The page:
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Yeats, William Butler
(1865–1939)
1923

Biography

(1865-1939) Irish poet, dramatist and prose writer, one of the greatest English-language poets of the 20th century. Yeats received the Nobel Prize for Literature in 1923.

William Butler Yeats was born on June 13, 1865 in Dublin. His father was a lawyer turned Pre-Raphaelite painter. In 1867 the family followed him to London and settled in Bedford Park. In 1881 they returned to Dublin, where Yeats studied at the Metropolitan School of Art. Reincarnation, communication with the dead, mediums, supernatural systems and Oriental mysticism fascinated Yeats through his life. In 1886 Yeats formed the Dublin Lodge of the Hermetic Society.

As a writer Yeats made his debut in 1885, when he published his first poems in The Dublin University Review. In 1887 the family returned to Bedford Park, and Yeats devoted himself to writing. He visited Mme Blavatsky, the famous occultist, and joined the Esoteric Section of the Theosophical Society, but was later asked to resign. In 1889 Yeats met his great love, Maud Gonne (1866-1953), an actress and Irish revolutionary who became a major landmark in his life and imagination. However, she married in 1903 Major John MacBride, and this episode inspired Yeats's poem "No Second Troy".

Yeats was interested in folktales as a part of an exploration of national heritage and for the revival of Celtic identity. His study with George Russell and Douglas Hyde of Irish legends and tales was published in 1888 under the title Fairy and Folk Tales of the Irish Peasantry. Yeats assembled for children a less detailed version, Irish Fairy Tales, which appeared in 1892. The Wanderings Of Oisin And Other Poems (1889), took its subject from Irish mythology.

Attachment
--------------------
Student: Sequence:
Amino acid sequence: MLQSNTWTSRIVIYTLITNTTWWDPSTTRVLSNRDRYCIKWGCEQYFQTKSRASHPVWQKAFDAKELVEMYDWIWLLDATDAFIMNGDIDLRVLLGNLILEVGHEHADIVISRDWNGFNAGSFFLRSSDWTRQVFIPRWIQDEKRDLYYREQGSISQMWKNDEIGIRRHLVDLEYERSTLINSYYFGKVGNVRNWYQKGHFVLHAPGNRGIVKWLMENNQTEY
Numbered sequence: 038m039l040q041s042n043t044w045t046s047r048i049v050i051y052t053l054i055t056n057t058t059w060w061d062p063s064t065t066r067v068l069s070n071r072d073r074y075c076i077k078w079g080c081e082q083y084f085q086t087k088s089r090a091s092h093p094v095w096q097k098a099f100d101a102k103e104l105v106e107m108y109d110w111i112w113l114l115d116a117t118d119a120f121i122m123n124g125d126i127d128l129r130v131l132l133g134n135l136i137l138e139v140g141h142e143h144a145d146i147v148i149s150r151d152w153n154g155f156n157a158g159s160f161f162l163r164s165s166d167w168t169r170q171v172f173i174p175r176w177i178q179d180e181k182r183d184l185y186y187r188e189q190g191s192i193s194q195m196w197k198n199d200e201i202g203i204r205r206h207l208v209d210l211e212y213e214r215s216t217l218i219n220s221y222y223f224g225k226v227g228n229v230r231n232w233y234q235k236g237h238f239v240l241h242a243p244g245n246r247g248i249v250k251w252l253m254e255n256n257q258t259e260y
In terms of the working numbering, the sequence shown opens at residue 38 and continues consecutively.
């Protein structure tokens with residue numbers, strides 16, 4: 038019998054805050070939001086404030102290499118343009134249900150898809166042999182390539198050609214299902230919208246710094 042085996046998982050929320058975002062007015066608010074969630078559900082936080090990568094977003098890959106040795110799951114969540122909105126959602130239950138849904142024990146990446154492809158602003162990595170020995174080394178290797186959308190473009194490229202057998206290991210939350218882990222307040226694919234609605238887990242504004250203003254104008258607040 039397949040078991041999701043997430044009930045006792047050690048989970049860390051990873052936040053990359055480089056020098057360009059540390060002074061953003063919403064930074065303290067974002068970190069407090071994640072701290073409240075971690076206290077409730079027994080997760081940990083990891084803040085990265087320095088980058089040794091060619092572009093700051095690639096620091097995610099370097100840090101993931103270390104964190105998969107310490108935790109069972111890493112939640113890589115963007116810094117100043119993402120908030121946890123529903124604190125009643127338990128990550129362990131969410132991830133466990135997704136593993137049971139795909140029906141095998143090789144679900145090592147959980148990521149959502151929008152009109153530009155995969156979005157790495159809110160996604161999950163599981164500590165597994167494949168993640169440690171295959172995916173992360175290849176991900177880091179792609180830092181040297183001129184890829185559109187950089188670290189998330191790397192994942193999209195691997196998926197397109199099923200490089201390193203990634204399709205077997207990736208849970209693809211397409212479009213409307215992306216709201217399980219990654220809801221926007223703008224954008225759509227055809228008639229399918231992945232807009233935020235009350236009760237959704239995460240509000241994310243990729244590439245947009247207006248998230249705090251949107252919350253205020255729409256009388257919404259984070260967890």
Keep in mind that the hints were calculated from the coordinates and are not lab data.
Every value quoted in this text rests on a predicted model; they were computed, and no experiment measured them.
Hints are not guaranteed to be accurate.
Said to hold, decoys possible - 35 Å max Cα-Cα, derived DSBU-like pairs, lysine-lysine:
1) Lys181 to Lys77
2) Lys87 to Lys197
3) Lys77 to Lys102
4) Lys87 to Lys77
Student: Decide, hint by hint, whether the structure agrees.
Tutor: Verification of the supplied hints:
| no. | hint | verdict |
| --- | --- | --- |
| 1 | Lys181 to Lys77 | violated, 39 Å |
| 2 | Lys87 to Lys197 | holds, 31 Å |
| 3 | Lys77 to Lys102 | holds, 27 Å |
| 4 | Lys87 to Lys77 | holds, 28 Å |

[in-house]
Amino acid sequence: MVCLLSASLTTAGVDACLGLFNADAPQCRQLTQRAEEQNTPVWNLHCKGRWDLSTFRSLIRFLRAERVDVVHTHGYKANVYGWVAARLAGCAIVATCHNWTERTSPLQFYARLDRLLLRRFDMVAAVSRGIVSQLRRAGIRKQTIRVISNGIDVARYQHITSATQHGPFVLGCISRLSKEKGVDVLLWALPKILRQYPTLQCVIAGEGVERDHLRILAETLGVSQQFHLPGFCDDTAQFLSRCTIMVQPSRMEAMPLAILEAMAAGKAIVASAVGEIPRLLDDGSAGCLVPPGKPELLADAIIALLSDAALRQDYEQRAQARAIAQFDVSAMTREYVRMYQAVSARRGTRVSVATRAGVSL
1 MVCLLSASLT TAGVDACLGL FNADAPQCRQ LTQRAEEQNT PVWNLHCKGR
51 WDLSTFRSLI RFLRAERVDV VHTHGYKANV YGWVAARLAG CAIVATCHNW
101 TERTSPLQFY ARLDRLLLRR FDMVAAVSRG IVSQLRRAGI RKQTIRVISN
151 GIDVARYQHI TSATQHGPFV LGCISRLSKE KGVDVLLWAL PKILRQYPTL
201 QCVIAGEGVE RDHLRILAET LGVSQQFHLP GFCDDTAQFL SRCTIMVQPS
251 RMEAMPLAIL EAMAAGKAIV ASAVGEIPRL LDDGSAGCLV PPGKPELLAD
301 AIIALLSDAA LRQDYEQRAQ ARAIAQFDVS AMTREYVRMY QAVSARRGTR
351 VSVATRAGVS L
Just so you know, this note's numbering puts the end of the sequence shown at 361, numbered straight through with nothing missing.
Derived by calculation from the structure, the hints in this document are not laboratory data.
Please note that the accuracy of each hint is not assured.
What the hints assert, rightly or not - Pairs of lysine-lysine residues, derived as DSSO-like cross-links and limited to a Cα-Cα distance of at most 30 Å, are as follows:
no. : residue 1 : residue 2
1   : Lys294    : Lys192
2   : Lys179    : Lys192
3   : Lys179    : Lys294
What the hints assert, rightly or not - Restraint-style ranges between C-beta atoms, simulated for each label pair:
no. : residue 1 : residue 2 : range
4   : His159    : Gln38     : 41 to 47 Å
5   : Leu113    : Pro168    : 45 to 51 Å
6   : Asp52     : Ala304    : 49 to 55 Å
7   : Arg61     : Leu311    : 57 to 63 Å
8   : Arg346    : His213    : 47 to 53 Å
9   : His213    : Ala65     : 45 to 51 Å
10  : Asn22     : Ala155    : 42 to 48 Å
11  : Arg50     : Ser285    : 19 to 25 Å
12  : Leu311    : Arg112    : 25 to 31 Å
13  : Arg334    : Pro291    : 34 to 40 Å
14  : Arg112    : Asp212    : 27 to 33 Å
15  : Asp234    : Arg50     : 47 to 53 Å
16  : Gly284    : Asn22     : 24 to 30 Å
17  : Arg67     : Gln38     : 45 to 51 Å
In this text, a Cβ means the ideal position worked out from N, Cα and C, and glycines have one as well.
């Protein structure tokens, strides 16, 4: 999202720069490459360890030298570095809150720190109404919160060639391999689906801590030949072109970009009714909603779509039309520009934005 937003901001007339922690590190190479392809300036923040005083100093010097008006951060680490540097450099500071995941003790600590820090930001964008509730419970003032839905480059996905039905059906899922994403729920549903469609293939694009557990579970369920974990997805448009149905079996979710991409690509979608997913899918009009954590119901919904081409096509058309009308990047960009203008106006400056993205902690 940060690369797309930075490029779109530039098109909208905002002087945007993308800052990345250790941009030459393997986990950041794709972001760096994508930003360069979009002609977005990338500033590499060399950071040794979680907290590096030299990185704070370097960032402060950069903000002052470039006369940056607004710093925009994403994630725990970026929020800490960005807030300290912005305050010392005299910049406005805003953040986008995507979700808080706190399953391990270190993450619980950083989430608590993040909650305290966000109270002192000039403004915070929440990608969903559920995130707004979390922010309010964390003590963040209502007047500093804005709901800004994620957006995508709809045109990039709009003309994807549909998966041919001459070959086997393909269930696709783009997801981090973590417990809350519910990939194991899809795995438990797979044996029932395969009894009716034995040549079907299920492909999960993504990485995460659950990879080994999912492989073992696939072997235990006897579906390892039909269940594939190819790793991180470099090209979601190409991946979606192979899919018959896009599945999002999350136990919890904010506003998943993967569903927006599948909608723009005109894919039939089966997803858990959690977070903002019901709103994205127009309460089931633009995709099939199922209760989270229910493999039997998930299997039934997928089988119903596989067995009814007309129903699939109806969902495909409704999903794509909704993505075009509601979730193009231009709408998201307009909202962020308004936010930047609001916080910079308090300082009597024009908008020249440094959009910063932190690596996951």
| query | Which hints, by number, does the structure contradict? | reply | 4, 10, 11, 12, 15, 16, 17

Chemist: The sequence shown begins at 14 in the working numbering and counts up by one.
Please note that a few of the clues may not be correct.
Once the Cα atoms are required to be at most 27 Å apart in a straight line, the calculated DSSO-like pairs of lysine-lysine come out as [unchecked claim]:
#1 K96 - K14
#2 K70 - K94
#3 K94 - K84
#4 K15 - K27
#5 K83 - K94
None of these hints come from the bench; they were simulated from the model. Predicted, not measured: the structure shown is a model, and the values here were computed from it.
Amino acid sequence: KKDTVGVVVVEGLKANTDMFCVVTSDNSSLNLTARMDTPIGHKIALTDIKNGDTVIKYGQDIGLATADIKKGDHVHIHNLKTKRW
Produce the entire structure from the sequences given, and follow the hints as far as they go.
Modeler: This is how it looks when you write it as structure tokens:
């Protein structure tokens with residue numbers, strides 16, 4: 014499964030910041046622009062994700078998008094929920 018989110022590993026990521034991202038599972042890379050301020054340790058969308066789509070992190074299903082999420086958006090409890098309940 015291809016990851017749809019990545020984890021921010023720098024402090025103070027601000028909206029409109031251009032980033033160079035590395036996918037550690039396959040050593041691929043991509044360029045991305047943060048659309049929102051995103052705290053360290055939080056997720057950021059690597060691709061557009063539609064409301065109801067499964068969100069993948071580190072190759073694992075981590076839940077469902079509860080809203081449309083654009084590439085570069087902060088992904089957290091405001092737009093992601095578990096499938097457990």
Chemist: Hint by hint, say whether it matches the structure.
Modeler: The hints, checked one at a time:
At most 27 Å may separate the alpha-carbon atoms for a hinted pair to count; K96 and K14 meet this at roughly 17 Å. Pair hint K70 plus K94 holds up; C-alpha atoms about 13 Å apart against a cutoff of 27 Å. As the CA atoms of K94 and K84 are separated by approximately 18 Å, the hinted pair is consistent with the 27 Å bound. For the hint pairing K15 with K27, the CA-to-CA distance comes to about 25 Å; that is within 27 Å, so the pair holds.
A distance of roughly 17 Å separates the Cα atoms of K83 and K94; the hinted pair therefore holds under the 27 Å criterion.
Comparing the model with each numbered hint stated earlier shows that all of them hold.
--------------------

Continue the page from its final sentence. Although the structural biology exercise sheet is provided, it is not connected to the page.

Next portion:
In 1896 Yeats returned to live permanently in his home country. He reformed the Irish Literary Society, and then the National Literary Society in Dublin, which aimed to promote the New Irish Library. In 1897 he met Isabella Augusta, Lady Gregory, with whom he founded the Irish Literary Theatre. Yeats worked as a director of the theatre to the end of his life, writing several plays for it. His most famous dramas were Cathleen Ni Houlihan (1902) and The Land Of Heart's Desire (1894).

In early 1917 Yeats bought Thoor Ballyle, a derelict Norman stone tower near Coole Park. After restoring it, the tower became his summer home and a central symbol in his later poetry. In 1917 he married Georgie Hyde-Lee. During their honeymoon Yeats's wife demonstrated her gift for automatic writing. Their collaborative notebooks formed the basis of A Vision (1925), a book of marriage therapy spiced with occultism.

In 1932 Yeats founded the Irish Academy of Letters and in 1933 he was briefly involved with the fascist Blueshirts in Dublin. In his final years Yeats worked on the last version of A Vision, which attempted to present a theory of the variation of human personality, and published The Oxford Book Of Verse (1936) and New Poems (1938).

Yeats died on January 28, 1939 at the Hôtel Idéal Séjour, in Menton, France.
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